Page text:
SPOILER: Alistair and Miles, both with aristocratic connections, start their first year at Oxford University though they are very different, Miles is down to earth and happy to have a girlfriend, Lauren, from a lower background whilst Alistair is a snob with aspirations to follow his uncle, a Tory MP. The common bond is that both become members of the Riot Club, a long established elite drinking club priding itself on hedonism and the belief that money can buy anything. Having been barred from most establishments in Oxford they have their annual dinner at the function room in a country pub, where their rowdy behavior angers other patrons though they reimburse Chris, the landlord. They hire a prostitute but she refuses to perform group sex, then one of them rings Lauren, whom they importune to Max's horror. Getting progressively more drunk and ingesting drugs they start to trash the room and, when Chris comes to complain, Alistair savagely assaults him, landing him in hospital. Though ...Written by
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Founded in approximately 1780, the Bullingdon Club were notorious for booking out a restaurant, trashing it beyond recognition and handing the owner a cheque for the damages on the way out. The unofficial club, which still exists today, consists of a select group of male elites at Oxford University and is the inspiration behind the latest cinema release, "The Riot Club".
The Riot Club begins with the group looking to recruit two new starters, as Alistair (Sam Claflin) and Miles (Max Irons) emerge as possible candidates. However, over the course of a single evening, the club's reputation is put on the line.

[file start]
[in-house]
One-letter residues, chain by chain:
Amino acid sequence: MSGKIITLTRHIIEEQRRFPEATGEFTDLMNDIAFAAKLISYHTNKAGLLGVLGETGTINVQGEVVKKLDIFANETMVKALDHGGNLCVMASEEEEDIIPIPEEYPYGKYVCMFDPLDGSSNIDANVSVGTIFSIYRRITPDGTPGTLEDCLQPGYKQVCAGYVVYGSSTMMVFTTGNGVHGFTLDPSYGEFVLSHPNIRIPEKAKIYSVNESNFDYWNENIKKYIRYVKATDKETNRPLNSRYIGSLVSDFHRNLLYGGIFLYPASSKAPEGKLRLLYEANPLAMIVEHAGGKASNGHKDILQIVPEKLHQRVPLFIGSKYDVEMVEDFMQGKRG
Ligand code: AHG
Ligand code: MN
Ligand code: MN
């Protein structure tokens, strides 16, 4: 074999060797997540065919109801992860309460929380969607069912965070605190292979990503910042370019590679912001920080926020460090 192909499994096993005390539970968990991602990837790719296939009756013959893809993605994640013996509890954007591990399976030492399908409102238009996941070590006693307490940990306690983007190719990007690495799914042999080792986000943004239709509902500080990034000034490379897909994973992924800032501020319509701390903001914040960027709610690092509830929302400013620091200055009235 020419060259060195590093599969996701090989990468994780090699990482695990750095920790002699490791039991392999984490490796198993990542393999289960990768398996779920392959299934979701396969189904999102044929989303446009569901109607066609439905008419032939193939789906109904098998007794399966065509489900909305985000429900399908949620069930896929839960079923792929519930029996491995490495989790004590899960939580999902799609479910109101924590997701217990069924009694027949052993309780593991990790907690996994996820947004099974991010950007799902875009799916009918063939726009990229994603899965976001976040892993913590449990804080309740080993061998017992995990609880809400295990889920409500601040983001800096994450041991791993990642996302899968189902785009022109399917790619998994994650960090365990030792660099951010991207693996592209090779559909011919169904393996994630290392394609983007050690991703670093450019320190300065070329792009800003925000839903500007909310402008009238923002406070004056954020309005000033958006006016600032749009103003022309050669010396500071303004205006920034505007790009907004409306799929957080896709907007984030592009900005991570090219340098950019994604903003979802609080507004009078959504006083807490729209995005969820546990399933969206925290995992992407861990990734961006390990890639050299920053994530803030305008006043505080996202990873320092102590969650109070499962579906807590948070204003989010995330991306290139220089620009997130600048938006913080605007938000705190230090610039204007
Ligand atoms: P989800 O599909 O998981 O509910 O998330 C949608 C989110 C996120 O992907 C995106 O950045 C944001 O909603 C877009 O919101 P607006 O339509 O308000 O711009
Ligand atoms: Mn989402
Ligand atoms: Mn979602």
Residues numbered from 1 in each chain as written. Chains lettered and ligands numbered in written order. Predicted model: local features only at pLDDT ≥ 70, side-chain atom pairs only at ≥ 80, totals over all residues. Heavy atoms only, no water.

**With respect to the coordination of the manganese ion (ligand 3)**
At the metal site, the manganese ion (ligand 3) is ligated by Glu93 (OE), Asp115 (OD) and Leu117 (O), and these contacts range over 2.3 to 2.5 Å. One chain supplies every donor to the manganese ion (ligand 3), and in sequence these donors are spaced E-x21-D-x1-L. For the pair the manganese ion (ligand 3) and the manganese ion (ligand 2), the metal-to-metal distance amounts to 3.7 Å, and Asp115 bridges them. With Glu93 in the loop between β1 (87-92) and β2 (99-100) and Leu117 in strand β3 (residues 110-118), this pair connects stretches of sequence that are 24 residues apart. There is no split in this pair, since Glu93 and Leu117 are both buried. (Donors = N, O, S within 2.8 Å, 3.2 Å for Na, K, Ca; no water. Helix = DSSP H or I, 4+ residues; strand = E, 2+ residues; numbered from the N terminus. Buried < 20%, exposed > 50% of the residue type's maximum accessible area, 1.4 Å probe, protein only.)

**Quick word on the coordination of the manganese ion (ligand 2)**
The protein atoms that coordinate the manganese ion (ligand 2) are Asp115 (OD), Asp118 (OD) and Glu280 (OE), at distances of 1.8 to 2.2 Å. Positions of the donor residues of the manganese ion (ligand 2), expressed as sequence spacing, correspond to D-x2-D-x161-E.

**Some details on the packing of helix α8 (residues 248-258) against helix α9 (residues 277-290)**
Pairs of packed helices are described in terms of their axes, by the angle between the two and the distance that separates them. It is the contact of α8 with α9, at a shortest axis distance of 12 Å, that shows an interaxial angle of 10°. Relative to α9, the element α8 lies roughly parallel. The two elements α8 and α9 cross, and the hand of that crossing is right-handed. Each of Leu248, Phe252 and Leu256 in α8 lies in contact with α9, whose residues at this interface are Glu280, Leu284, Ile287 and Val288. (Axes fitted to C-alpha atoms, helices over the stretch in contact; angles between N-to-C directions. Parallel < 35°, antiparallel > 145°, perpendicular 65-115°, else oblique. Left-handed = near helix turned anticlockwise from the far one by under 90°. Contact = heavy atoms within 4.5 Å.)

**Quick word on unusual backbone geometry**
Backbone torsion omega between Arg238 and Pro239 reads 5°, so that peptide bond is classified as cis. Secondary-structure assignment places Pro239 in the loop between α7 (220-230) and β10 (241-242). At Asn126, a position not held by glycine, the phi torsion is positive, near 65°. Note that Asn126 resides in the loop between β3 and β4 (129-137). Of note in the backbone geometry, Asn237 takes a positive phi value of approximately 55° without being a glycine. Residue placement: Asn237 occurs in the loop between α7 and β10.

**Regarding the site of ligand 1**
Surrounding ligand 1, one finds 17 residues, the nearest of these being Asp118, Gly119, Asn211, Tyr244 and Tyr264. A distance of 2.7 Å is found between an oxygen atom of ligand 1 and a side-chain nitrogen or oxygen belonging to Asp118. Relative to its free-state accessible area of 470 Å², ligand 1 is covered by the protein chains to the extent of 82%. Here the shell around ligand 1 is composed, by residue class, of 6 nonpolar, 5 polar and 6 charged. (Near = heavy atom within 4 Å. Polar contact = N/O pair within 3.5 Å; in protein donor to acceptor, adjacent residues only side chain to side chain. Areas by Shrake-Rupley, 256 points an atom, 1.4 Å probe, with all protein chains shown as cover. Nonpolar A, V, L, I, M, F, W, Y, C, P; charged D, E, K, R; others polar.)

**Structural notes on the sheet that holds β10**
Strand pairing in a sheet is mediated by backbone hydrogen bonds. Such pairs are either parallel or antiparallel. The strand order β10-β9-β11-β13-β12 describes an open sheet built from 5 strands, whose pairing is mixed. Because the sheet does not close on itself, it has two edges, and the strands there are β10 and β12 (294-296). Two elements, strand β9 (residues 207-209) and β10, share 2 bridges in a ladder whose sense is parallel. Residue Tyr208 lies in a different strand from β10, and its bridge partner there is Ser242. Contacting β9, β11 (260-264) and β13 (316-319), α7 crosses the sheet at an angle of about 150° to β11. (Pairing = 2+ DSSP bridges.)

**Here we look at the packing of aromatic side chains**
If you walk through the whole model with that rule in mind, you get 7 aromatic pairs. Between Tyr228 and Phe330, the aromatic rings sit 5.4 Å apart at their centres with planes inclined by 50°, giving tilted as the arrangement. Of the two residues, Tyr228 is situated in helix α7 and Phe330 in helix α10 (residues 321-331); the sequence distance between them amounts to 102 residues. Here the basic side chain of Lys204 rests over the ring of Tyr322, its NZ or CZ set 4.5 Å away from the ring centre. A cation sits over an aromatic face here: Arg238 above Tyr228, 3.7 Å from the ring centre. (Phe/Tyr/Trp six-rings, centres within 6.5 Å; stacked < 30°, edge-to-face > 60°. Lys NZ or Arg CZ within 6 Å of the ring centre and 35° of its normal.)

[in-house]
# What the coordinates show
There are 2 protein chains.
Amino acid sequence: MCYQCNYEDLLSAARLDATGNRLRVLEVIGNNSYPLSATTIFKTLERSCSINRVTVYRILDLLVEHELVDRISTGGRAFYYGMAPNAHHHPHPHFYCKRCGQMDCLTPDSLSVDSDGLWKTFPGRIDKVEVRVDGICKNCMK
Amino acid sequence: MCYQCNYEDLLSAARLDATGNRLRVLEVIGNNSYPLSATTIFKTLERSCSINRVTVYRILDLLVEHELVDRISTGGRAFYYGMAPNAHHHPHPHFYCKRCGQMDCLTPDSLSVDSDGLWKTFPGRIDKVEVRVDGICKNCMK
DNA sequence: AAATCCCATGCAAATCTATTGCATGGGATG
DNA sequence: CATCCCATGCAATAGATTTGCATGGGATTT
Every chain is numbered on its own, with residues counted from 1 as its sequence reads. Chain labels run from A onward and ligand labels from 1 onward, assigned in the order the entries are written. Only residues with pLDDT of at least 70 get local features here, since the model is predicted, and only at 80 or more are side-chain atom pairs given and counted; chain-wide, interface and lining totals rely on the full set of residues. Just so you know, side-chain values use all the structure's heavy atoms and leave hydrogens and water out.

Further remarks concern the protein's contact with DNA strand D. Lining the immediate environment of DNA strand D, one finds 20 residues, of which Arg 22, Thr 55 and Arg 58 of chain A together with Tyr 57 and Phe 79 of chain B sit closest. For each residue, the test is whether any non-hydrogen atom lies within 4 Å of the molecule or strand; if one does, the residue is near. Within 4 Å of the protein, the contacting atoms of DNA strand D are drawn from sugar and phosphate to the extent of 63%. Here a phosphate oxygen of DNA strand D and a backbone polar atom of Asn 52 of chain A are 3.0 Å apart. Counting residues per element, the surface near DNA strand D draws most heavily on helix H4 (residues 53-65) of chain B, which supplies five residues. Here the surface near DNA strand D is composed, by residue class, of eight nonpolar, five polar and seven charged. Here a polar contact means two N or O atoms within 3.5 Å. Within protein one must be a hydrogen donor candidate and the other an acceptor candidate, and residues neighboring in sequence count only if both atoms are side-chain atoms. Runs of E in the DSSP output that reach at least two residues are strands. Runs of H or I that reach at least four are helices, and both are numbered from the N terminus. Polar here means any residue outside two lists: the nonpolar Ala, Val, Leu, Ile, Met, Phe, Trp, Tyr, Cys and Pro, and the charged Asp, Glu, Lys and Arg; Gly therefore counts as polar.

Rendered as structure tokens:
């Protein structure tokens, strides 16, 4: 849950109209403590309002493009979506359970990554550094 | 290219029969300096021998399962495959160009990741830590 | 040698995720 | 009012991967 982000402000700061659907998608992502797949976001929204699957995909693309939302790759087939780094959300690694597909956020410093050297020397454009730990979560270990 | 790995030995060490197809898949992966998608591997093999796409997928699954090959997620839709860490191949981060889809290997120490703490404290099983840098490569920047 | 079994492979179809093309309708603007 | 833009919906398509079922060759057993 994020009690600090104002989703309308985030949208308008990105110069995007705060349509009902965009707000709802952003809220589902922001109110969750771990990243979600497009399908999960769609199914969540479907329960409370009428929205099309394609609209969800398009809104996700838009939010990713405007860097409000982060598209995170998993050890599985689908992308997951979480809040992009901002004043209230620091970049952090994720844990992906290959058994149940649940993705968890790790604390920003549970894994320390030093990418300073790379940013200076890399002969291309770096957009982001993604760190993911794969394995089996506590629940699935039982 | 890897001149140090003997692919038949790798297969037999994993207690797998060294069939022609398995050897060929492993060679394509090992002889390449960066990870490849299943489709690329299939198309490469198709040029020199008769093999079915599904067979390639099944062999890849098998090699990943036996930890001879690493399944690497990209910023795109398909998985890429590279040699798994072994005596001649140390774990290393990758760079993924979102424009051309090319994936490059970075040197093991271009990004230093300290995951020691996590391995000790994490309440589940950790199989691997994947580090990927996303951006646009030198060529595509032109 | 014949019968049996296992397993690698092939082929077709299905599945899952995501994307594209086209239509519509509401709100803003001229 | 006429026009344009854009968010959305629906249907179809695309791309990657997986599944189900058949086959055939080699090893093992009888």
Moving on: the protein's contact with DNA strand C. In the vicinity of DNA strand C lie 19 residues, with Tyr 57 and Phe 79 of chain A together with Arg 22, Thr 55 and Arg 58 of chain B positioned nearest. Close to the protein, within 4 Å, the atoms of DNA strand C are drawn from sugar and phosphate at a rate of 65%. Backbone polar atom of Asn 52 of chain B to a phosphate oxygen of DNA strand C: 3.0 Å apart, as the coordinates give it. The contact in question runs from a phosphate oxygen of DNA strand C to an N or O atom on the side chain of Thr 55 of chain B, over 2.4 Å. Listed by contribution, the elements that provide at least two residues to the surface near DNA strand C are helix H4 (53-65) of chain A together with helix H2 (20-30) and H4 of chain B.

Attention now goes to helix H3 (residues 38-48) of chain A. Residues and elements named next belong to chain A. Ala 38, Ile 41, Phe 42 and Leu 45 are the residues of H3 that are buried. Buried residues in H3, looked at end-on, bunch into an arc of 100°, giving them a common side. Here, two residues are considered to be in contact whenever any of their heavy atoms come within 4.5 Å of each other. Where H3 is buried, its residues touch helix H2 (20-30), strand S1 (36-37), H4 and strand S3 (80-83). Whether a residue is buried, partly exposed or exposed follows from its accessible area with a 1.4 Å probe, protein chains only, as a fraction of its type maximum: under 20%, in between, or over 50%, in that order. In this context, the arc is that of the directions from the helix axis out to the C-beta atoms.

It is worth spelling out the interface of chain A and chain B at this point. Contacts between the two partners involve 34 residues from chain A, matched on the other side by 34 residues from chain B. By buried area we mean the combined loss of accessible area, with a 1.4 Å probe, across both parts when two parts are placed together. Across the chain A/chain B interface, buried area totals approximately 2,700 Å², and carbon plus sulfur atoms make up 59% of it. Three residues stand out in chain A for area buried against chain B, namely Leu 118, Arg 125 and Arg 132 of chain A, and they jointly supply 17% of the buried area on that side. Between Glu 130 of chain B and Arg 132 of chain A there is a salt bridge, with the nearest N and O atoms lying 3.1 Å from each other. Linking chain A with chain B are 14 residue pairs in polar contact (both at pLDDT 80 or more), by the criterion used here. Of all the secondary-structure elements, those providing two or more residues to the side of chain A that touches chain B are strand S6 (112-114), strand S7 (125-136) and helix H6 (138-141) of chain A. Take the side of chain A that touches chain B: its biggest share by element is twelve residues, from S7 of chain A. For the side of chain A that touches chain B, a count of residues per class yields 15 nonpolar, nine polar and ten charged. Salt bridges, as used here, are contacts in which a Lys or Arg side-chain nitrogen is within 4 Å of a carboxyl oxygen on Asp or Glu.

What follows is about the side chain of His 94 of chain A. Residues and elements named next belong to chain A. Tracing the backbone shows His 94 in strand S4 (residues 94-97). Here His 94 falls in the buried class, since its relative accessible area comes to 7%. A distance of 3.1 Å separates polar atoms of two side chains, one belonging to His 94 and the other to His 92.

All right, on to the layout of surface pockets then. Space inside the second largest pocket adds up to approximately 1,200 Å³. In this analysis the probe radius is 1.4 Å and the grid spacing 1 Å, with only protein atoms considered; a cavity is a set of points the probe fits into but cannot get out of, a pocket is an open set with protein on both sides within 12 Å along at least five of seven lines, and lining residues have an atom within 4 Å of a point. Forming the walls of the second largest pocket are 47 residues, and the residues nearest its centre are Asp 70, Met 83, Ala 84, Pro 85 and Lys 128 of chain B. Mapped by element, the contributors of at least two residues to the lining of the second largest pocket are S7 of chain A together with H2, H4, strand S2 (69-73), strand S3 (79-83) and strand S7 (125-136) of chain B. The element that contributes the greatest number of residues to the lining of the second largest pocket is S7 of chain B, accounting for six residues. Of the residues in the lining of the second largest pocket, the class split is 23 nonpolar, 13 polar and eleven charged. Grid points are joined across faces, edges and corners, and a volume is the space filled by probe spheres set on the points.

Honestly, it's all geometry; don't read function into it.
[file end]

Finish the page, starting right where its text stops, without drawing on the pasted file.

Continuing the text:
The film itself is very much an emotional roller-coaster. Initially, there are plenty of laughs to be had, mostly executed through witty one-liners, though it becomes a lot darker with some shocking scenes that make for extremely uncomfortable viewing. It's the latter which highlights the film's superb acting, as the young cast give genuinely convincing performances. Holliday Grainger, who plays Lauren - Miles' love interest, particularly stands out here.
Playwright Laura Wade adapted the film from her own play "Posh", and it clearly shows, as a large portion of the film is based at the table in the restaurant. While it comes as a slight disappointment that The Riot Club doesn't stray too far from its theatrical origins, it does seem to work in the film's favour, adding to the suspense before the highly dramatic climax.
Wade unsubtly incorporates a number of themes in The Riot Club that are reflective of the society we live in, including the inherited privilege and power culture in the country. There's also a lot of political satire, which comes as no surprise considering some of The Bullingdon Club's ex-members include the current British Prime Minister David Cameron, Chancellor of the Exchequer George Osborne and Mayor of London Boris Johnson.
Overall, The Riot Club is an excellent play-adaptation that makes for a highly gripping film. There's laughs a plenty, shocks a plenty and a great cast. This is a must-see.
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